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Far-right attacks on judiciary are fueling possible violence and must be stopped
Florida Today
Demonizing the courts
March 26, 2006

Recent public remarks by two Supreme Court justices show how dangerous the mounting attacks on one of the core principles of American democracy -- an independent judiciary -- have become.

Justice Ruth Bader Ginsburg said congressional criticism of some court decisions is inciting a climate of violence against judges, and detailed a death threat against her and former Justice Sandra Day O'Connor posted in an Internet chat room last year.

In a speech at Georgetown University Law Center this month, O'Connor issued a similarly dire warning about escalating attacks on the independent judiciary, saying a nation deprived of one is on the path to dictatorship.

This is not a partisan issue.

Justices Clarence Thomas and Anthony Kennedy asked Congress for more police protection last year, and federal judges nationwide are heading for the bunkers.

The situation is so serious that more than three-quarters of them have requested home security systems from the government, according to Attorney General Alberto Gonzales.

They're seeking the protections in part because of retaliatory episodes like the one in Chicago last year, where a man whose case had been dismissed killed the husband and mother of a federal judge.

But, as Ginsburg and O'Conner warned, jurists are increasingly targeted for violence by an irrational fringe of far-right extremists who use the meaningless term "activist judges" to demonize judges whose decisions they don't like.

And that fringe is being inflamed by some in Congress intent on stripping the judiciary of its constitutionally enshrined powers.

Among them are ex-House Majority Leader Tom DeLay, R-Texas, and Sen. John Cornyn, R-Texas.

Feeney's ugly remarks

During the Terri Schiavo case here in Florida last year, both made statements that seemed to excuse threats against federal judges, simply because the jurists correctly upheld previous court rulings that said the brain-dead woman should be allowed to die.

U.S. Rep. Tom Feeney, R-Oviedo, also used Schiavo as a chance to lash out at the bench, accusing jurists such as 6th Judicial Circuit Court George Greer -- in whose courtroom the Schiavo case played out -- of being "arrogant, supremacist ideologues."

Abhorrent remarks such as Feeney's fed into an atmosphere of vitriol that led to death threats against Greer, a conservative Republican and Southern Baptist, who was forced to travel under armed police protection.

Feeney was also the chief sponsor of a resolution GOP lawmakers have used since 2004 to vilify judges whose rulings don't toe the line of the far-right agenda.

The measure -- which would forbid federal judges from referring to foreign law or reviewing international precedents -- grossly misrepresents the long established judicial practice as new and different, or part of some conspiracy to undermine American standards.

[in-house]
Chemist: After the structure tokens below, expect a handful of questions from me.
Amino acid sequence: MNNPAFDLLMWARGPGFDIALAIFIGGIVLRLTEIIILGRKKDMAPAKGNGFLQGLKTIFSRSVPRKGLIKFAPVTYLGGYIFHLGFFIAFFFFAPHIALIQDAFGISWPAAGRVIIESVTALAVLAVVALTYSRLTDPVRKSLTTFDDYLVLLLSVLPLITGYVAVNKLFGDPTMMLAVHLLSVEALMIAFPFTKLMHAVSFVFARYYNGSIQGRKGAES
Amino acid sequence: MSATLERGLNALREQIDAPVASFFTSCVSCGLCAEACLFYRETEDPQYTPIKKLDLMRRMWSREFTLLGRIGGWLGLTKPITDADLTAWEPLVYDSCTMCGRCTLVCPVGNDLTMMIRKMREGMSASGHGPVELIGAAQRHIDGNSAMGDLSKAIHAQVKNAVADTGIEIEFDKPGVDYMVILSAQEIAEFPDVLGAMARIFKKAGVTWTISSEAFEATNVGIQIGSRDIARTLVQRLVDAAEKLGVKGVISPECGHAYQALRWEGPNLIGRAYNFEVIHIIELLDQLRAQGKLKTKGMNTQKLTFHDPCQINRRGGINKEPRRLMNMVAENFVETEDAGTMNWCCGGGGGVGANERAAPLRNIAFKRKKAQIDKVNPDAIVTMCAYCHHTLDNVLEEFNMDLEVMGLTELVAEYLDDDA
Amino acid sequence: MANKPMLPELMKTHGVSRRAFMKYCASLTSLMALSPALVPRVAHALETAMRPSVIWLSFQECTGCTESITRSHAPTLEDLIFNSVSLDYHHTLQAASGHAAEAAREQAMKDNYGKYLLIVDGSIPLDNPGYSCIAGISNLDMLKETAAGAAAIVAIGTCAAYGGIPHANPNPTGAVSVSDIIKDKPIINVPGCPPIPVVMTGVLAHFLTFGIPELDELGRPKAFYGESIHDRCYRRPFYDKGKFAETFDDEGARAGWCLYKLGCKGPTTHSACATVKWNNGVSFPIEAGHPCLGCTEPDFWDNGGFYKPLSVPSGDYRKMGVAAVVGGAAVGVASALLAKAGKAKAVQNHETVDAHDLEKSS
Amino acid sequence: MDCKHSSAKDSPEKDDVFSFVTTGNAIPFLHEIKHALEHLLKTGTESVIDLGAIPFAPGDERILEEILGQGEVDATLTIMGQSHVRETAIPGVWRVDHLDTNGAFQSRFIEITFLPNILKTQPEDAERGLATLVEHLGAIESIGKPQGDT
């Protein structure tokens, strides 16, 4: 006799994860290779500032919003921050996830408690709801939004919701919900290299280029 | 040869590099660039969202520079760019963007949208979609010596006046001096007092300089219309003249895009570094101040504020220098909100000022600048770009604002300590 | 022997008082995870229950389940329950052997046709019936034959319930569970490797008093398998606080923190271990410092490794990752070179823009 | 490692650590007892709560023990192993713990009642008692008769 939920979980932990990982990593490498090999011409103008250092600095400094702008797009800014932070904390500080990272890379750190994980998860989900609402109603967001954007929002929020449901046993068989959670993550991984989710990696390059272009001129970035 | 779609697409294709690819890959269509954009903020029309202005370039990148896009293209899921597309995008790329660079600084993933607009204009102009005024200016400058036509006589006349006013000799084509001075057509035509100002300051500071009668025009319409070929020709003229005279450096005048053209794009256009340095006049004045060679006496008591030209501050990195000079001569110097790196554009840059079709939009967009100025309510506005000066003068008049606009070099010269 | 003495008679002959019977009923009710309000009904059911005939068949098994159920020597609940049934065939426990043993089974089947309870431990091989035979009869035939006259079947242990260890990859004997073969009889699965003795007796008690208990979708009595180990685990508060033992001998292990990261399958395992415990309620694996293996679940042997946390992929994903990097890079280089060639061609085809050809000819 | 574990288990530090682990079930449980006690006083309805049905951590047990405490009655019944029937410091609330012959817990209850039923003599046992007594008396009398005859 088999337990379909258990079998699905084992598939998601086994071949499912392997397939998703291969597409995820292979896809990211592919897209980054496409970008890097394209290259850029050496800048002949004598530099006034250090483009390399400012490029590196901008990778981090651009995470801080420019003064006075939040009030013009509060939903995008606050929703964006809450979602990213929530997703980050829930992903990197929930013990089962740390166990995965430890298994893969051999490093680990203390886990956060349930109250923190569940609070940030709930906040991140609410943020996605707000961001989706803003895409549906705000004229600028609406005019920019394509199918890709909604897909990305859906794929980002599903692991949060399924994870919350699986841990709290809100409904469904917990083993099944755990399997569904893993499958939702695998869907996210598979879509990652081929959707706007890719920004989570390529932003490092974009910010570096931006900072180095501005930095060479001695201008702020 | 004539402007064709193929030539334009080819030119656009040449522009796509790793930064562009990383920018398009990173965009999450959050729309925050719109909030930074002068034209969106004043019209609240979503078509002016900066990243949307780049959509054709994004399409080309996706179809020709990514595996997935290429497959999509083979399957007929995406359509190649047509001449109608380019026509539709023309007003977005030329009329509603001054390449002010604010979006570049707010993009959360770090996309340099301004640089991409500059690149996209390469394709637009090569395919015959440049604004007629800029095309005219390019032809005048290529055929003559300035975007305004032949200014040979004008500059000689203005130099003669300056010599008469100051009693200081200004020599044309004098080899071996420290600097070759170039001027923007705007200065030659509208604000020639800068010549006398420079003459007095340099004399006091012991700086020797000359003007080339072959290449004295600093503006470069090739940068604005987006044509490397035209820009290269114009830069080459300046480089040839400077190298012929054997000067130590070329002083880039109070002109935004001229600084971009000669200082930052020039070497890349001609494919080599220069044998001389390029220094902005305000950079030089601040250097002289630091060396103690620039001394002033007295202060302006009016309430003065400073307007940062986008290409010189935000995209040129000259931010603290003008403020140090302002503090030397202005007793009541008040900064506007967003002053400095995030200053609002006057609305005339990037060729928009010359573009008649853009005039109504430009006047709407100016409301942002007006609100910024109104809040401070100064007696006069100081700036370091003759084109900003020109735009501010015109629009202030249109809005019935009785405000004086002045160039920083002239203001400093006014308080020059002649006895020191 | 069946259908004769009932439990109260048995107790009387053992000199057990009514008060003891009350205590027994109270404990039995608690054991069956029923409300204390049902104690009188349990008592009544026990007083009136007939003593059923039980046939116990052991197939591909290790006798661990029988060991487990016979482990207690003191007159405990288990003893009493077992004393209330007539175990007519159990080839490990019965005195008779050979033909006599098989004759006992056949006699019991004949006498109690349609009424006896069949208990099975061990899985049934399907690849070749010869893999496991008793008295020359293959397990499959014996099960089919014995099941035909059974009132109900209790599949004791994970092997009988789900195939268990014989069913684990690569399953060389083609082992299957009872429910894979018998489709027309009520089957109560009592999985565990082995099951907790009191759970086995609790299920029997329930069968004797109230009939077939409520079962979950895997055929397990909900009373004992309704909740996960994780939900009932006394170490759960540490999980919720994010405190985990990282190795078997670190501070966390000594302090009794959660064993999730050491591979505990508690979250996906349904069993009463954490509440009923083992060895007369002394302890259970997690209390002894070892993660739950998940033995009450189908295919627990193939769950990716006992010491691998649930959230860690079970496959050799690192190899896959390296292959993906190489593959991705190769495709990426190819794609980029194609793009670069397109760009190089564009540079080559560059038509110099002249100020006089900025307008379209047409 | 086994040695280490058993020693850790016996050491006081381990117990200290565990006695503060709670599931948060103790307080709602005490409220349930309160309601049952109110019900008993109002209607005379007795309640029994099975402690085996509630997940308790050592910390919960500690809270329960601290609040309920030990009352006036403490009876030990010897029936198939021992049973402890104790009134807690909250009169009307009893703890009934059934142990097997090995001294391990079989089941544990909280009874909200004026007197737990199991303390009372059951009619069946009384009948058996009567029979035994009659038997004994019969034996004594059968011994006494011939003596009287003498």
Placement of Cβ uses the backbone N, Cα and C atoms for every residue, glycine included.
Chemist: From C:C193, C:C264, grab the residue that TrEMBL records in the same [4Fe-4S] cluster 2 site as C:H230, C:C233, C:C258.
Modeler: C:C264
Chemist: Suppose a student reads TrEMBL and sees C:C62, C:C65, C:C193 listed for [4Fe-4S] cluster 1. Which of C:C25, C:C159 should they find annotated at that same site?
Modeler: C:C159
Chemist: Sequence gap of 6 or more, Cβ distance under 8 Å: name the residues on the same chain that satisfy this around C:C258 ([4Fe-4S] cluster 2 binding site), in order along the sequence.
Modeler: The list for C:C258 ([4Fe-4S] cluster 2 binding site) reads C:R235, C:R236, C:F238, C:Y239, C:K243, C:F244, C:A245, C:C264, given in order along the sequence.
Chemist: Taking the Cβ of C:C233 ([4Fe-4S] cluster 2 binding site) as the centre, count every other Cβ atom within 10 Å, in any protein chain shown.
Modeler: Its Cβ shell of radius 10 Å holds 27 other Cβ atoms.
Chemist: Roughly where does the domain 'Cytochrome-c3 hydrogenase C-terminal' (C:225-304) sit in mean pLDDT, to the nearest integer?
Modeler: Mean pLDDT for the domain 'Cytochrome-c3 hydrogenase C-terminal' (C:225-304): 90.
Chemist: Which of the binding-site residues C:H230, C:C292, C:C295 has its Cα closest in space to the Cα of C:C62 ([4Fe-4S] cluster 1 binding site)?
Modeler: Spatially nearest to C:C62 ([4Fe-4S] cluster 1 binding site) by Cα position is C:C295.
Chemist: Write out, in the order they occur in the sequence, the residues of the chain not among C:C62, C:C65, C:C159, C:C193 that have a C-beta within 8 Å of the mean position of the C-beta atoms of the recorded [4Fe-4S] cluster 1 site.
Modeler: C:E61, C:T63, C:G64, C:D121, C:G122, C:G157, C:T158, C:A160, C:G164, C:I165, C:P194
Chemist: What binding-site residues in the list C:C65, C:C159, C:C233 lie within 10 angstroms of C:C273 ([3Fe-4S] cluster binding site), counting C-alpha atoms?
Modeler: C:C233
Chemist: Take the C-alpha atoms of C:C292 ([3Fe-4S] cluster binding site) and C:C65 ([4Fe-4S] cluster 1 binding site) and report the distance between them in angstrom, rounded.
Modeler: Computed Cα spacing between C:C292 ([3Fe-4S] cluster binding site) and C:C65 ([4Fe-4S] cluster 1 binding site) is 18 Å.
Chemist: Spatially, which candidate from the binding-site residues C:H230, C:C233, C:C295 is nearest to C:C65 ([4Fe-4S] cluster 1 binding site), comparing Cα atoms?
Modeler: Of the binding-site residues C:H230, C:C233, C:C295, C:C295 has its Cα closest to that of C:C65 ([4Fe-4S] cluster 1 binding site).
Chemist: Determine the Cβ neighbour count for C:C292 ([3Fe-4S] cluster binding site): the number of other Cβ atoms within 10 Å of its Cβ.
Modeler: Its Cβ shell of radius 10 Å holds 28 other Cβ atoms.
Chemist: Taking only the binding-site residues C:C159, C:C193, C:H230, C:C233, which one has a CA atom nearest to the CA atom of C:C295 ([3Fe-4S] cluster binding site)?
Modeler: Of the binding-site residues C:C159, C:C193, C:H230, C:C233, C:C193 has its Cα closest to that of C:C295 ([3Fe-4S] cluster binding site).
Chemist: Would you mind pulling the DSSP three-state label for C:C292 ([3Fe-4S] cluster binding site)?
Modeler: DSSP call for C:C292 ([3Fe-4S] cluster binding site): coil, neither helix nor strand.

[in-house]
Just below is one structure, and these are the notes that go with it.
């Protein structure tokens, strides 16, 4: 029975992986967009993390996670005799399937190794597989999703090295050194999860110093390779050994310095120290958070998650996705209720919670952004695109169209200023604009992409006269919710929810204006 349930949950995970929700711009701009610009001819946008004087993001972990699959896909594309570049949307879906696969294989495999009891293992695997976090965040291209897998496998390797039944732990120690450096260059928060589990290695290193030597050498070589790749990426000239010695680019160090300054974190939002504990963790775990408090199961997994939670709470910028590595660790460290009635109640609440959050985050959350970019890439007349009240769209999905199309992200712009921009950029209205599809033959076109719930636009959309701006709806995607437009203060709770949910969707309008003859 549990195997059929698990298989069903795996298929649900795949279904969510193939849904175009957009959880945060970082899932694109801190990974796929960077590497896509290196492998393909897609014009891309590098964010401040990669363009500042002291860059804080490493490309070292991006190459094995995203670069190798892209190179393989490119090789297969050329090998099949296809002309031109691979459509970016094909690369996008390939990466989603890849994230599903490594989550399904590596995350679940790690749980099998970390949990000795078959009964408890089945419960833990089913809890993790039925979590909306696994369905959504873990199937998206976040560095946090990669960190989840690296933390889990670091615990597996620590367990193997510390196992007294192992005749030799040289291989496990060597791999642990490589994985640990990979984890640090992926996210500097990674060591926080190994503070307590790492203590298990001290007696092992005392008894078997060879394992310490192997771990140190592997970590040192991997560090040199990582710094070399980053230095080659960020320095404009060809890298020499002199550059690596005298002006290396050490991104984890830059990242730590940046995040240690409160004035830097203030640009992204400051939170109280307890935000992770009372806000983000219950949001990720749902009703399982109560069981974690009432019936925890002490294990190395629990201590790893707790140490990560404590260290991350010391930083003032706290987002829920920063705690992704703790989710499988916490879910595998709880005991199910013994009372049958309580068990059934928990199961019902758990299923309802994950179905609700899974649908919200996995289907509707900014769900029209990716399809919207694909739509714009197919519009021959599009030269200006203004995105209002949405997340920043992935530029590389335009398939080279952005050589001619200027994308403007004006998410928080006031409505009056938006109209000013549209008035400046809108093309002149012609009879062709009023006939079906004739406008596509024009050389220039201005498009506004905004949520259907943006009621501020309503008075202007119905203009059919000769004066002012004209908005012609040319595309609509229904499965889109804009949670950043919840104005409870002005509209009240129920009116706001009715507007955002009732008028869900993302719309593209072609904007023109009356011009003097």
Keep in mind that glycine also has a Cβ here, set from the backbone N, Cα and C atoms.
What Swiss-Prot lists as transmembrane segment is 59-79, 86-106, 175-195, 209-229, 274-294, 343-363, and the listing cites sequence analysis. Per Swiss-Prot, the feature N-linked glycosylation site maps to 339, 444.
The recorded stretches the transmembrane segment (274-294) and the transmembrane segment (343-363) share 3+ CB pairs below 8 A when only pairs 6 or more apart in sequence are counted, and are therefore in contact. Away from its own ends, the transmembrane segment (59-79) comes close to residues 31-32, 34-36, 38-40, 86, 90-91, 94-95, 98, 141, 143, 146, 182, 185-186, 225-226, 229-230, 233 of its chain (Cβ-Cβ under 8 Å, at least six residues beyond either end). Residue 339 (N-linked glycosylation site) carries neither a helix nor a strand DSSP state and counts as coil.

Nothing could be farther from the truth.

U.S. courts have considered international norms since the nation's earliest days, and no wonder, considering our judicial system -- and our democratic values -- derive from British, Greco-Roman and other foreign traditions.

Conservative Justices Antonin Scalia and Thomas, among others, have used foreign precedent as part of thorough judicial review before issuing legal opinions.

But Feeney and other far-right conservatives object to the practice when rulings on controversial issues such as gay rights or the death penalty don't go their way.

Weldon's dangerous move

Even former Chief Justice William Rehnquist spoke in favor of U.S. courts looking to the decisions of foreign courts as part of the deliberative process.

It can't be much clearer that the issue of foreign precedents -- which are never binding in U.S. courts -- is just a convenient scare tactic to play into the xenophobic fears of an ill-informed public.

And then there's Rep. Dave Weldon, R-Indialantic, who wants to emasculate the judiciary in another dangerous way.

He's a co-sponsor of a bill called the Constitutional Restoration Act of 2005, still pending in Congress.

The measure would deprive courts of authority in cases tied to the acknowledgement of God, endangering the separation of church and state.

Broader legislative attempts to strip courts of oversight of controversial issues such as abortion and penalize or impeach judges for unpopular rulings are also in the works.

If allowed to succeed, they'll obliterate the balance of power between the legislative and judicial branches.

That will pave the way for a federal bench beholden to political interests rather than the rule of law.

Americans who respect the cherished constitutional principle of an independent judiciary should make their voices heard in protest.

Only loud opposition to this tide of ugly attacks upon the bench can preserve the integrity of the courts.

Original Text